- Check your social media notifications every day at minimum. Consider setting up email notifications so you are alerted immediately when you have any action on your pages.
- Reply back to all social media reviews, both negative and positive.
- Create a protocol for negative reviews that involves moving the conversation to a private setting (e.g., Facebook private message, phone call or email). A public chain of unresolved conversation between a disgruntled guest and hotel representative is the least ideal situation.
- Reply back to comments on your social media posts. Even if you comment back to positive interactions with a simple “Thank you for commenting” or smile emoji, you are showing your fans that you are online and present.
- Pay attention to check-ins on Facebook and Instagram. Now you can even interact with these posts as your hotel's profile. Comment back to the guest and ask them how their stay was or their favorite part your city. Think of this as your digital Front Desk Manager.
2. Marketing Your Property
As the pivot of digital landscapes, social media allows your hotel to have an atmosphere that invites positive PR about your property, staff members, and local area. Hotels can use social media posts to promote specials, give an inside look at area attractions, build hype about upcoming renovations, inform potential guests of notable amenities, and tell their story. The most beneficial feature of creating posts that market your property is that fans can interact with your page by liking, commenting, and sharing. Social media gives you a line of communication with your guests; will you take advantage of it?
One of the most propitious ways to market your property is to highlight your staff members. Creating social media posts that highlight your staff is a win-win: your staff is encouraged and motivated to do exceptional work and your fans see how much you value and appreciate your team. With a scroll down your social media page, fans will get a behind-the-scenes look at your staff: how long they've worked at the property, awards and accomplishments, and interests and hobbies. Showing off your staff provides a personal, human element to your hotel. People do not want to interact with a sedate hotel brand; they want to interact with Tim, your Front Desk Manager who takes care of every request, no matter how small, and is also a raving hockey fan.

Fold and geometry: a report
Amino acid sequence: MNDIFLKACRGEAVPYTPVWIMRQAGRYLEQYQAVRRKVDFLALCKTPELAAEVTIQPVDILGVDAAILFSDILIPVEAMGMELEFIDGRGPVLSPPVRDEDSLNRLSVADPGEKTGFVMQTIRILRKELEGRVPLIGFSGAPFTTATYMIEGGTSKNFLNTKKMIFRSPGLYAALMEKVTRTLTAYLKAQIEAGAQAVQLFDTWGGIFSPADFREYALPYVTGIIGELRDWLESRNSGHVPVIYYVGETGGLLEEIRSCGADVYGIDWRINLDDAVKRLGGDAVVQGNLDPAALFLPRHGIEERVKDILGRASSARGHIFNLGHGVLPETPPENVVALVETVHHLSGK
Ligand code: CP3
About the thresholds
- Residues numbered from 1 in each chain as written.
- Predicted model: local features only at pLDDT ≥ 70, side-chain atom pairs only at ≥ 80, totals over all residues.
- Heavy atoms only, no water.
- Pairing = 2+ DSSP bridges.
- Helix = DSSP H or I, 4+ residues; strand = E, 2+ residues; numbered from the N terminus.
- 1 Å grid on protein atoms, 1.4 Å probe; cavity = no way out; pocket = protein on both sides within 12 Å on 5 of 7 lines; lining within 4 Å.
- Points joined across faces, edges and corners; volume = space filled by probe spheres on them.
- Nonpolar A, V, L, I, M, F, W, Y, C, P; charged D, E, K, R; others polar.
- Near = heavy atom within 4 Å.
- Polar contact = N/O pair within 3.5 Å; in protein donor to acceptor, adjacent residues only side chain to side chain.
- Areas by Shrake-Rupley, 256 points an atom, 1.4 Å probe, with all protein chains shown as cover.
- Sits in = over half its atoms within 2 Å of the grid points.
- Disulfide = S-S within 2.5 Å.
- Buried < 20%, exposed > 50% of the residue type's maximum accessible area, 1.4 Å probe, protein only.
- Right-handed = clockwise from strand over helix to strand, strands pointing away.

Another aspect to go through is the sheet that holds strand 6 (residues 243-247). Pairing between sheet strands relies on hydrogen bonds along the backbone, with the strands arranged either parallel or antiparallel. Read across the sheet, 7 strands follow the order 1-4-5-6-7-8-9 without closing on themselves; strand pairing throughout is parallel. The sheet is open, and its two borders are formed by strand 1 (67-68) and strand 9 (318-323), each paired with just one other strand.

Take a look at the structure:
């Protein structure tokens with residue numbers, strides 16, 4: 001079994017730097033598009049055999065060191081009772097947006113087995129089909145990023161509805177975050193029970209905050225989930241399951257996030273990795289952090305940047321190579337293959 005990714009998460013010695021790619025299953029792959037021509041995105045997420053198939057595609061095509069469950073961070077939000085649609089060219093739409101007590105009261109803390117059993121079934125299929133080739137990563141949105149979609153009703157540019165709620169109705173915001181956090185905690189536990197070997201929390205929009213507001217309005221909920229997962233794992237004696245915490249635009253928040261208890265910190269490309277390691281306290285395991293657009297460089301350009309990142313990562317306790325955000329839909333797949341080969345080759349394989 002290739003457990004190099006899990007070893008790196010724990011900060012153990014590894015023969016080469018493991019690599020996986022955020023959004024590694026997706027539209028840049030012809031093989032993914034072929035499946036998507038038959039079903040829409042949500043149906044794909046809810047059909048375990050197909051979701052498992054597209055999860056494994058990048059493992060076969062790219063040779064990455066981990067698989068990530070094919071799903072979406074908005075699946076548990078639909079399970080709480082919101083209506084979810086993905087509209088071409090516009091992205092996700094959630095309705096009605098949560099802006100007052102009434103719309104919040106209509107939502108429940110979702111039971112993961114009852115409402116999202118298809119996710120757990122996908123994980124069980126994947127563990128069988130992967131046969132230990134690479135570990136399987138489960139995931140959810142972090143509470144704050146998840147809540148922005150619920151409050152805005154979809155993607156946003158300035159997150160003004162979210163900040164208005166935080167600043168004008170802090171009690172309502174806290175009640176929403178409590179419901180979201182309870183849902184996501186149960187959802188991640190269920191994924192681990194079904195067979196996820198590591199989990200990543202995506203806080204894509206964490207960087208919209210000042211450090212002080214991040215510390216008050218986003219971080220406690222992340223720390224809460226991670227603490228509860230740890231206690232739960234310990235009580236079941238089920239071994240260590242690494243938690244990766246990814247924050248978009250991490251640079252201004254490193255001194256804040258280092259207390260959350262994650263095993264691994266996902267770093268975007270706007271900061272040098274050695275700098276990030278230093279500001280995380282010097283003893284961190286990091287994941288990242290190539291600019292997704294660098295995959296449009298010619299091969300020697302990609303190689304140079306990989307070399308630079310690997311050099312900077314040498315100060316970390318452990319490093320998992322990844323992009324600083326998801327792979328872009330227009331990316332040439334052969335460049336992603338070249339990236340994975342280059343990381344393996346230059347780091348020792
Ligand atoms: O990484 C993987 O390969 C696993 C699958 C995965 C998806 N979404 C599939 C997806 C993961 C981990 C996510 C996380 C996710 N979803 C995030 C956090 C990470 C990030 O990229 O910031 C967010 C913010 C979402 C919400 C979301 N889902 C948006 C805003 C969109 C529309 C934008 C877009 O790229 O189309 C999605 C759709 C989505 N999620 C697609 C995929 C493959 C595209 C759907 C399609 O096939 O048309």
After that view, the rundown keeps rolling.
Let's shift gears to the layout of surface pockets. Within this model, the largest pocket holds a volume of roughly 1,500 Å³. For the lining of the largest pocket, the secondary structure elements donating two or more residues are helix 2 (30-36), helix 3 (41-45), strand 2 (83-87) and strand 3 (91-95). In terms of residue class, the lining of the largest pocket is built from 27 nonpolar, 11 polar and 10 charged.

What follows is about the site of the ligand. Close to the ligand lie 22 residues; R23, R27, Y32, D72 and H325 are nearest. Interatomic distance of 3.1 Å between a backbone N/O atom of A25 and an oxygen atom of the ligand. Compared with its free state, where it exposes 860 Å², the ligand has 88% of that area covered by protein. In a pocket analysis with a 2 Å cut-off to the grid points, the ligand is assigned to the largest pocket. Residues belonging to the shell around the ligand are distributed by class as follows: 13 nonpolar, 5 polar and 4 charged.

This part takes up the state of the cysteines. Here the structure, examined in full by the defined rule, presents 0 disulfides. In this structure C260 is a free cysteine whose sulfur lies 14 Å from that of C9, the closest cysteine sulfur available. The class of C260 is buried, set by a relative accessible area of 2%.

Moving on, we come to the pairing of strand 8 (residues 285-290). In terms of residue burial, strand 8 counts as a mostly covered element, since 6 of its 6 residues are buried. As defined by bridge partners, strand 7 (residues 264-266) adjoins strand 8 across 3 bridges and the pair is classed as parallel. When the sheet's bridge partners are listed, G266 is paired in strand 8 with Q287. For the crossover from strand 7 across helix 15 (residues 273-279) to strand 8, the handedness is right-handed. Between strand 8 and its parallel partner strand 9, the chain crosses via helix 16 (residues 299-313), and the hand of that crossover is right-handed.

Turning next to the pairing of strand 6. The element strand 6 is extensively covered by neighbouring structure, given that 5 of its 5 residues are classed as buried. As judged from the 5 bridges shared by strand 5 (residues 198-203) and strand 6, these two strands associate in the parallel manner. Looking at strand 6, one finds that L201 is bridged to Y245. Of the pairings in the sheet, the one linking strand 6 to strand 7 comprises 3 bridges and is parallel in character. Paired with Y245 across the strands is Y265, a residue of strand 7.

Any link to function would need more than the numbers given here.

If you are unsure of your ability to creatively implement staff highlights, here are some examples that you can put into practice today.
- Individual staff highlights - include a photo or video of the staff member and include their name, job position, and one fun fact about them. No one is off limits; highlight everyone from the General Manager to Housekeeping staff.
- Staff awards and accomplishments, such as employee of the month.
- New employees
- Special life events for staff members (e.g., engagements, weddings, births, and anniversaries).
- Staff outings, such as volunteer days or charity work.
- Throwback Thursday posts that highlight past events with the hashtag #TBT. Examples include last Halloween's costume contest, holiday party, or special award.
3. Targeted Advertising
In addition to monitoring your reputation and telling your story, social media provides the optimal environment for targeted advertising. Through social media ads, specifically Facebook and Instagram ads, you can target people by demographics, location, interests, job titles, employers, and behaviors. You can take your main feeder marketing regions and set up ads to target people who live in those areas. If you want to target people who work for specific companies that are headquartered near your hotel, you can do that too. This granular type of targeting is unlike any other traditional or digital advertising, and it all can be done at a very affordable price.